Jane Secker – Copyright and e-learning: understanding our privileges and freedoms

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This keynote will argue that in order to teach online effectively you need a better understanding how of copyright works as this knowledge will be both empowering and enlightening. Copyright is not a subject that excites most educators or learning technologists. In fact it is probably not something that they think about a great deal. For those who do consider copyright, it can be a source of anxiety, conflict and even annoyance, hampering their ability to share content with learners.
Meanwhile for copyright owners, such as publishers, record companies and the film industry, digital technology, especially the internet has been a huge source of concern, as it becomes is increasingly easy for their content to be copied and shared with large numbers of people. Many business models have had to be reconceived and there are increasing attempts by media corporations to prevent illegal copying of their content using Technical Protection Measures (TPM). I will argue that whether we like it or not, copyright and licenses impact on all of our daily lives.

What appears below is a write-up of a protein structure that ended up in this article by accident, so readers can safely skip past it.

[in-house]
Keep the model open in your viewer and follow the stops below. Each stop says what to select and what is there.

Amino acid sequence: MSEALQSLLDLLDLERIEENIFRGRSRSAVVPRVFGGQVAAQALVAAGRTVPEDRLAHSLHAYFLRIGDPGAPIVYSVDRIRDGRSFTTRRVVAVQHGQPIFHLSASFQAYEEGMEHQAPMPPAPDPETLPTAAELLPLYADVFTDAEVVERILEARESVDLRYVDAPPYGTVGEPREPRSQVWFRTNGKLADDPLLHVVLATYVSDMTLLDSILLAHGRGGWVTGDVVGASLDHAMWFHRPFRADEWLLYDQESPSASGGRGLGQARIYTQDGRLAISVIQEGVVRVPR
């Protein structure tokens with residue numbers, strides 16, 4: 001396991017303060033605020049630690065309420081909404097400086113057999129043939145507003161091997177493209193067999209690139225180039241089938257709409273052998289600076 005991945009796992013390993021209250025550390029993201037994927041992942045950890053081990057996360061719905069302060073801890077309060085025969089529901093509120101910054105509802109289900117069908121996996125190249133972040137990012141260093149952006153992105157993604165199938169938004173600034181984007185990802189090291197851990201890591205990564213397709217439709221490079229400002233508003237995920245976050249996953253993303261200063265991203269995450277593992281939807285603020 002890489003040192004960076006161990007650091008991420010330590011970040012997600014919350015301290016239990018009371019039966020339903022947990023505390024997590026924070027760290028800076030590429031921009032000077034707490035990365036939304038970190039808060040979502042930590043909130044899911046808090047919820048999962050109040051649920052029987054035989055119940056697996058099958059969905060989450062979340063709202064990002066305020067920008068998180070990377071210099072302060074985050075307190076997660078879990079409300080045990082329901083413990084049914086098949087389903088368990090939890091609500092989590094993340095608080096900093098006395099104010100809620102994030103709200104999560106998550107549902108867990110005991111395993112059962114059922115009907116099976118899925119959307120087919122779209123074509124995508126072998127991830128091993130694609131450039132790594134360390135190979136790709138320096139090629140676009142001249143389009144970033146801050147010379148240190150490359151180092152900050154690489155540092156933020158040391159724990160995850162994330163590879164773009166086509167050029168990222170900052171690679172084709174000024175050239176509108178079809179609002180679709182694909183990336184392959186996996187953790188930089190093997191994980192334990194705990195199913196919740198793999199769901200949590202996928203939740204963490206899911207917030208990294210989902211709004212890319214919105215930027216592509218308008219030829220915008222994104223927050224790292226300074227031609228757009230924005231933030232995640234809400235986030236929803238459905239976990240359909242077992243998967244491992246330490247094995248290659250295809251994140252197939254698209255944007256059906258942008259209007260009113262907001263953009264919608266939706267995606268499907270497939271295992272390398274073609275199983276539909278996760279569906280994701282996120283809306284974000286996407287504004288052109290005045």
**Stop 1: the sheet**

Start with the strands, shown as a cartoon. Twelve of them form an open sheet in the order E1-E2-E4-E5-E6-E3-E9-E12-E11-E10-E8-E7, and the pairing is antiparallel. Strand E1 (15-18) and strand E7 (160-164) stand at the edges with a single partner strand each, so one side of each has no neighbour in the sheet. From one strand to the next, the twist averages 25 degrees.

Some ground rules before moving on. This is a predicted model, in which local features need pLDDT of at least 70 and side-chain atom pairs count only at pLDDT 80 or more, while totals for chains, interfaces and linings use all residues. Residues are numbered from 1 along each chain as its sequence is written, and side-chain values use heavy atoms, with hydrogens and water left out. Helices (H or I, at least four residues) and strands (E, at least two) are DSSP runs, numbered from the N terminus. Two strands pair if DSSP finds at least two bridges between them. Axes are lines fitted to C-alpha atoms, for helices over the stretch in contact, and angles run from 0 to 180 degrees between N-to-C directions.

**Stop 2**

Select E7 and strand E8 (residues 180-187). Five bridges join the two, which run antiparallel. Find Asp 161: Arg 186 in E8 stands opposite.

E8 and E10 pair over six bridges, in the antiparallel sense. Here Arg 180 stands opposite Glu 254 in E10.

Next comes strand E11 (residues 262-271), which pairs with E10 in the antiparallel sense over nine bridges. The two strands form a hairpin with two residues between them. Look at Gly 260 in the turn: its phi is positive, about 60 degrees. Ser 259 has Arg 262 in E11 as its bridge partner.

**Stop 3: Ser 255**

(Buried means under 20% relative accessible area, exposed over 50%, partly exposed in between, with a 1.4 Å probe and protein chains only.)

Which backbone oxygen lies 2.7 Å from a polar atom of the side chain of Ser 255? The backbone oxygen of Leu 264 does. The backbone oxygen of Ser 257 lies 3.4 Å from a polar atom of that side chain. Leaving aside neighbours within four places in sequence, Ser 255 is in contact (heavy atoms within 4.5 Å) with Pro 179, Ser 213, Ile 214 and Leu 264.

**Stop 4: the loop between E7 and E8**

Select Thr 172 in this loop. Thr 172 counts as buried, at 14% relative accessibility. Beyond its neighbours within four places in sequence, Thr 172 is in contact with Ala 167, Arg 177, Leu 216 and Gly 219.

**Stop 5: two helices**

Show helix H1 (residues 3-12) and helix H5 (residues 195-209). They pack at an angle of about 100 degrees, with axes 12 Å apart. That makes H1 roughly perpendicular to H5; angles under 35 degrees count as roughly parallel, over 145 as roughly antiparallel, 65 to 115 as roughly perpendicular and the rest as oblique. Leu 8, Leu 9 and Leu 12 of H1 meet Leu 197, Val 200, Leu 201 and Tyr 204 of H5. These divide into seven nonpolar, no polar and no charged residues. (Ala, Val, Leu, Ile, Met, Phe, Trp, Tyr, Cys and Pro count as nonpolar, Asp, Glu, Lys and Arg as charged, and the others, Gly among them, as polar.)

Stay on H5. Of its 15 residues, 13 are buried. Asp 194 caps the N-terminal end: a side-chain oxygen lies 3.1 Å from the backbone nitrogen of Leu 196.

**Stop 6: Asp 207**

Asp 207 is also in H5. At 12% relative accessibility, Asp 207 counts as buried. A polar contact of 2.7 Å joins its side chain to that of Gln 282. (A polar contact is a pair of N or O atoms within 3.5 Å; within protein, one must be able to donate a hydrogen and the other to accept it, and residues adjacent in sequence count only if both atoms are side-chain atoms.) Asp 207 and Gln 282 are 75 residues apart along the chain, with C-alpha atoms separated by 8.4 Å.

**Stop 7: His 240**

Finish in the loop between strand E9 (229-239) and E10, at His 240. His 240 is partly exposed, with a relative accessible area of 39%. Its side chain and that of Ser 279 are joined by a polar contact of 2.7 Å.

I want to consider where copyright laws come from and what copyright is, in addition to what its designed to protect. For me, a greater understanding of copyright is empowering for copyright users. Rather than restricting how we use technology for learning, a greater understanding of copyright, including both the privileges it confers on the copyright owner and the freedoms on the user, will help educators. Copyright is about ethics and a respect for others ideas, and a fundamental part of information and digital literacy. It is vital that the world of education embed these literacies into our pedagogies of the future. We don’t need young people growing up who are expert at reproducing other people’s work, we want critical thinkers who are creative and innovative and can find solutions to problems in the world. I will argue that an understanding of copyright, helps all of us approach education in a new enlightened way and suggest some approaches might help ensure knowledge and learning is available to be used in education, not locked up behind paywalls.

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